June 8, 2015
TSG IntelBrief: Erdogan’s Election Rejection
After 12 years of steadily increasing his power, Turkish president Recep Tayyip Erdogan was just handed a stunning defeat. As Turkey’s prime minister between 2003 and 2014, Erdogan consolidated power while weakening his opposition. Upon assuming the presidency in 2014, Erdogan began maneuvering to amend the constitution in order to transform the Turkish political system from a parliamentary system into a presidential one—with himself, of course, as president. Yesterday’s election was a national rejection of his ambition, resulting in his Justice and Development Party (AKP) losing its majority status for the first time since 2002. The inevitable blame game has already started and will in no small measure reshape Turkish politics and more.
It is difficult to overstate the consequences and symbolism of the election results. Erdogan has moved the country away from secularism and towards a more Islamist-leaning society and government, a marked break from the founding of modern Turkey. The economic success of his earlier years has slowed in recent years, which has weakened his ability to hide his power grabs and manipulation of the judiciary, military, and other pillars of the government. While still the most popular and powerful political figure in the country, Erdogan is no longer seen as invulnerable.
Technically Erdogan is no longer the head of the AKP, since his position as president precludes such political dealings. The current prime minister, Ahmet Davutoglu, is the head of AKP and the architect of much of Turkey’s largely failed ‘Zero Problems’ foreign policy. In a speech following the election results, Davutoglu did not mention AKP’s failure to capture the needed 276 seats to maintain its majority, but focused on the fact AKP still has the most votes overall. Erdogan has not appeared or spoken publicly since the election; it remains to be seen if he will pin the blame on Davutoglu, archrival Fethullah Gulen, outside agitators, or a combination of all of the above. It is almost certain he will not take the blame himself.
As important as Erdogan's loss of power is the gaining of power for the first time by the country’s sizable Kurdish minority population. The pro-Kurdish People’s Democratic Party (HDP) won 78 seats, gaining 11.7% of the national vote; the Turkish system mandates that a party reach at least 10% nationwide in order to join the National Assembly. By running a campaign that focused on social and not ethnic issues, and tapping into the deepening current of anti-Erdogan sentiment, the HDP was able for the first time to gain enough non-Kurdish votes; voting for HDP was both a pro-Kurdish and anti-Erdogan vote. DHP co-leader Selahattin Demirtas proclaimed the election a victory for all underrepresented groups in Turkey, including women, workers, and the poor.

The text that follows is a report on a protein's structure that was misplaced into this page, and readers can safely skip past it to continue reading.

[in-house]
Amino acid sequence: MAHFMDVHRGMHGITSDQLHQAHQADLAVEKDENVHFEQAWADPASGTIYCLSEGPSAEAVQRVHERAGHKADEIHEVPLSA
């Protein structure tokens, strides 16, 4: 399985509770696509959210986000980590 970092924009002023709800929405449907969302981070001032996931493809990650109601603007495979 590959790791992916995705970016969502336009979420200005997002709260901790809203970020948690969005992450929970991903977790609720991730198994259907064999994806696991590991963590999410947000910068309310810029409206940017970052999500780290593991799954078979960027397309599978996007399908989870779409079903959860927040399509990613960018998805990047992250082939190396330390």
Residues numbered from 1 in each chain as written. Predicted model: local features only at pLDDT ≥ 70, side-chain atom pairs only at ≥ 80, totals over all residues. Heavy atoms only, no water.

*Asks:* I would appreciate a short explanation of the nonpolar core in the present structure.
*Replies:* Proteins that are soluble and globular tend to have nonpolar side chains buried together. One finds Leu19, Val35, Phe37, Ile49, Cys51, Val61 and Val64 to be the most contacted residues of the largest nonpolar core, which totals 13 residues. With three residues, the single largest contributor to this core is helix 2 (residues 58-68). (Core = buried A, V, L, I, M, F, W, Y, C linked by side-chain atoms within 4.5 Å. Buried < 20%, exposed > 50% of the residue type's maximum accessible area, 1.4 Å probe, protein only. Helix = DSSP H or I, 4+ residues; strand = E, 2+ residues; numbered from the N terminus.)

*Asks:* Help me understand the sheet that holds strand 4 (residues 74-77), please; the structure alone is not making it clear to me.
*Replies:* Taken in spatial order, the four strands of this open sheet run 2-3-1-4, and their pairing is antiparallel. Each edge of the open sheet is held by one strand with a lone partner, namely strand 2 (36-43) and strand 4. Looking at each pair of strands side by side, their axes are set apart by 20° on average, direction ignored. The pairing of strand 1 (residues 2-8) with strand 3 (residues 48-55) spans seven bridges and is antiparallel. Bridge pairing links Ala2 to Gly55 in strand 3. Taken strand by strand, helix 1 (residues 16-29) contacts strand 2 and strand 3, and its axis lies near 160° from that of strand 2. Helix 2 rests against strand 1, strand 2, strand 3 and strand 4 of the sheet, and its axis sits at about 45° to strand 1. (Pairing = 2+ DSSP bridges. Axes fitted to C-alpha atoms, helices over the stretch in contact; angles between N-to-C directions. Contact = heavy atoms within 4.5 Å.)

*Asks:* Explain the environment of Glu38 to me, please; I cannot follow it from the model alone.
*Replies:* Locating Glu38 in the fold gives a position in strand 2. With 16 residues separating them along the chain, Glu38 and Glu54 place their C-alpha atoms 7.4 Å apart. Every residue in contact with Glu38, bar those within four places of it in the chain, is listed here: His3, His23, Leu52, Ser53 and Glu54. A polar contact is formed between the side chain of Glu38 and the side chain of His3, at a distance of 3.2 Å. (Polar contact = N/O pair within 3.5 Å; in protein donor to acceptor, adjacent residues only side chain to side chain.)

It remains to be seen if the AKP cobbles together a minority government. The second largest bloc of votes after AKP’s 41% was the main opposition party, the Republican People’s Party (CHP), with 25%; the right-wing Nationalist Movement Party (MHP) gained 16%. Neither of these parties are natural fits for a coalition with AKP. By law, a government has to be formed within 45 days or Erdogan can call for early elections. Erdogan has shown a pattern of not backing down from setbacks. Either the AKP will form a minority government or it will step back and watch as the disparate opposition parties attempt to form one, which would likely lead to missing the 45-day deadline. Calling for early elections would be a drastic move, but Erdogan has recently embraced drastic moves. The political uncertainty has the potential to spill into social and economic tension if it becomes a weapon for parties and individuals to use against opponents.
All this matters far beyond the borders of Turkey. Turkey is central to any resolution to the Syrian civil war, and can play a huge role in Iraq as well. It is also a NATO member, and the most influential country in the region. The country has gone from the ‘zero problems’ with neighbors—once a pillar of Erdogan’s foreign policy—to problems with almost every neighbor. His rise, in many ways, mirrors that of of Russian President Vladimir Putin: the worrisome consolidation of power; the cult of personality that tolerates little dissent; the crackdown on freedom of the press; and sharp anti-Western rhetoric. Like Putin, he has gone from prime minister to president, and has sought to manipulate both offices to increase his power. Yet unlike Putin, Erdogan has just been dealt a highly visible, symbolic, and actual political defeat. How he responds will in large measure determine much of Turkey’s near and long-term future, as well as the future of regional crises and challenges.
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